No doubt you’re probably wondering, “Who the heck is Danny Donohue?” Donohue (pictured, left) isn’t an elected official, nor is he a candidate for elected office, but he is a candidate for AFSCME International President.
As many of you know, I’m a proud member of AFSCME (Council 24, to be exact), and I’ve taken a great interest in this week’s elections in Los Angeles to choose the next President of AFSCME International. Donohue is running against Lee Saunders, who currently serves as Secretary-Treasurer of AFSCME, and the race to become the next President of AFSCME International has really become a race of the establishment (Saunders) vs. the change candidate (Donohue).
Last week Friday I had an opportunity to chat with Donohue about his decision to run for President of AFSCME International, as well as his thoughts on how he’d move AFSCME forward and grow the union, which has seen its membership decline, especially here in Wisconsin in the aftermath of Gov. Scott Walker’s assault on public employee collective bargaining rights. “We have to do things a different way,” Donohue responded when asked he decided to run, adding that AFSCME has traditionally been a strong organization because of its grassroots operation. Donohue noted he wants to focus on rebuilding AFSCME from the bottom up, saying, “We’ve become a top-down operation. We have to do things a different way,” Donohue added, saying that while the country has changed dramatically over the past five years, AFSCME has not adapted as well.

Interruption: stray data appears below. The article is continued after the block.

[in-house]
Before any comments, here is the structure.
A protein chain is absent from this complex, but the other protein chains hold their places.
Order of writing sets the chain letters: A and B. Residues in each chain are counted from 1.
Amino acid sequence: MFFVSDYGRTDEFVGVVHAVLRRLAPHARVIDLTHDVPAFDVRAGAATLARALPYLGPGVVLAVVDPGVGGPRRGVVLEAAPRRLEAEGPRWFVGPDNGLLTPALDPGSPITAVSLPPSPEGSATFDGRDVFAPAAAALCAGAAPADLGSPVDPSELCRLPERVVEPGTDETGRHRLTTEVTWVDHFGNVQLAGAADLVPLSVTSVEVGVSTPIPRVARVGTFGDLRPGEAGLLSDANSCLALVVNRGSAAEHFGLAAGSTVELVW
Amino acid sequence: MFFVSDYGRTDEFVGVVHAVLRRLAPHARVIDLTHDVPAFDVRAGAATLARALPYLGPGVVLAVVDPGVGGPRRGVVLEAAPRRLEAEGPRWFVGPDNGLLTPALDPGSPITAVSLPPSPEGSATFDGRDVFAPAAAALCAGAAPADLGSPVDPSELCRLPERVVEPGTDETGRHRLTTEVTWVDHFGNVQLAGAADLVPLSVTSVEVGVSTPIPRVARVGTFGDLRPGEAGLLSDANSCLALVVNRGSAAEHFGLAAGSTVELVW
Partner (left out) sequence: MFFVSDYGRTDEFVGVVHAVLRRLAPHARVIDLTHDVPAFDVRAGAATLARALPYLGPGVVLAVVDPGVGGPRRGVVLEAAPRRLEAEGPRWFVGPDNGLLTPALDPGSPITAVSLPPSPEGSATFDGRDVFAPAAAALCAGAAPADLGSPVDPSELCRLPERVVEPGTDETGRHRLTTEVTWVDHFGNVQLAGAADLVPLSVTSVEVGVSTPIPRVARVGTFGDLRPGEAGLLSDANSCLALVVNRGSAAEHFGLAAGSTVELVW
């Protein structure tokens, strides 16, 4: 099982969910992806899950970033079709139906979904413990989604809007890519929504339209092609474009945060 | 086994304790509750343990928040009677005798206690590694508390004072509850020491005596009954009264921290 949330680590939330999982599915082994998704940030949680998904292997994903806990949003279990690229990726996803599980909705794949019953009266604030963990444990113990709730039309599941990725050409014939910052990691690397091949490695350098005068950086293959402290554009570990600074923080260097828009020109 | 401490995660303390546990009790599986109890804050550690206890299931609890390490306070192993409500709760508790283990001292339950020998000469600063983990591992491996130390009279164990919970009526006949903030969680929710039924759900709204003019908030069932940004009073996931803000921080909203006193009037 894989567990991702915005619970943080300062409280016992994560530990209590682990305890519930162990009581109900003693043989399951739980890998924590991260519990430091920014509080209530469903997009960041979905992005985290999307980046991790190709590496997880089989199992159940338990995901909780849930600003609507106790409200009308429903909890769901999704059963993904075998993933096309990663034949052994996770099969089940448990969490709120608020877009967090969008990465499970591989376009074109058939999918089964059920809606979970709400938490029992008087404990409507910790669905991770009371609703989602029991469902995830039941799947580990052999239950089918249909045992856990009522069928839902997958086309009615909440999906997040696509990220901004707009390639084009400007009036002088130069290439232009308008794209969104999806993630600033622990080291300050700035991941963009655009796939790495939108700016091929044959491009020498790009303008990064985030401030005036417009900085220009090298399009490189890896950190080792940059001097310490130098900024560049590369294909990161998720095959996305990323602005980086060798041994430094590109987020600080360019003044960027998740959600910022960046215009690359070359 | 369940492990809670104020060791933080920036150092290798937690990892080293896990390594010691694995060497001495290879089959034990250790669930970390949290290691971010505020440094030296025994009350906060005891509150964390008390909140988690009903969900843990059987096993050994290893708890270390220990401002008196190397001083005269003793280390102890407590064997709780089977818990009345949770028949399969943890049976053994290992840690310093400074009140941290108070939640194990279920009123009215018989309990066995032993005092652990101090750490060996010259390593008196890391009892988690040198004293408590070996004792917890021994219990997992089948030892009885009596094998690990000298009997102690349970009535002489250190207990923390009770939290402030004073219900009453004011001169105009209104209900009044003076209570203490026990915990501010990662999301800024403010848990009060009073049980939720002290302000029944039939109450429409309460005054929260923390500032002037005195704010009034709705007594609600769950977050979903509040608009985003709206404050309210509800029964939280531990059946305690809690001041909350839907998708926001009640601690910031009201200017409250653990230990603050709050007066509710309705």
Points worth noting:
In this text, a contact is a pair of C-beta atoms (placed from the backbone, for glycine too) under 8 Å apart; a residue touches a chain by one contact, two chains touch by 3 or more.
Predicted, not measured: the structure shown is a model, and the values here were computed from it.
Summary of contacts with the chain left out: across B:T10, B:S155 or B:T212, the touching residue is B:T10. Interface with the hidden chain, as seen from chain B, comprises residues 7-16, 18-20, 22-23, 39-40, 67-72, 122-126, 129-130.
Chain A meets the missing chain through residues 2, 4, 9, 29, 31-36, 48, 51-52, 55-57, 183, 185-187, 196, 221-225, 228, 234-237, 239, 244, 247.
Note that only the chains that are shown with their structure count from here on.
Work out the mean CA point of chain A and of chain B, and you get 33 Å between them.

When prompted to talk about how he’d move AFSCME forward if elected, Donohue started by mentioning that he’d review the resources the union currently has and how it spends its money, in order to ensure resources are being allocated efficiently. Donohue cited the union’s decision to spend $1 million on ads attacking Republican presidential nominee Mitt Romney in Florida as an example of the union allocating its resources unwisely, and he noted that AFSCME members in Florida have questioned why their union leadership only visits their state in election years. “We need to be invested in our members’ lives every day,” Donohue said, adding that the members of AFSCME are neighbors, friends, and people who live down the block from the general public, a fact that needs to be reinforced. Donohue also made a point to mention that he feels union leadership needs to listen more to its members, instead of telling members what to do.
Asked what he brings to the table that his opponent, Lee Saunders, doesn’t, Donohue was quick to point to his experience as a rank and file member of AFSCME, having come up through the ranks of AFSCME in New York state. “I know what it’s like to be one paycheck from being laid off,” Donohue said, adding that he’d bring a rank and file member’s mentality to his position as President, specifically when it comes to how the union’s money is being spent. “I want more transparency from International,” Donohue said to emphasize his point.
When asked how he would respond to criticisms that he did not come to Wisconsin to stand with our public employees in the aftermath of Act 10, Donohue said that he made a point to ask what was needed here in Wisconsin – and he was told we needed money and people. “They didn’t want another person to give a speech,” Donohue said, adding that in response to requests he wrote a check and sent about twenty of his members and staff to carry their banner and help the effort. Donohue added that he didn’t want to come to Wisconsin just for the photo op, saying he responded to what he was told was needed – nothing more and nothing less.
Here’s more about Danny Donohue, from his One AFSCME website.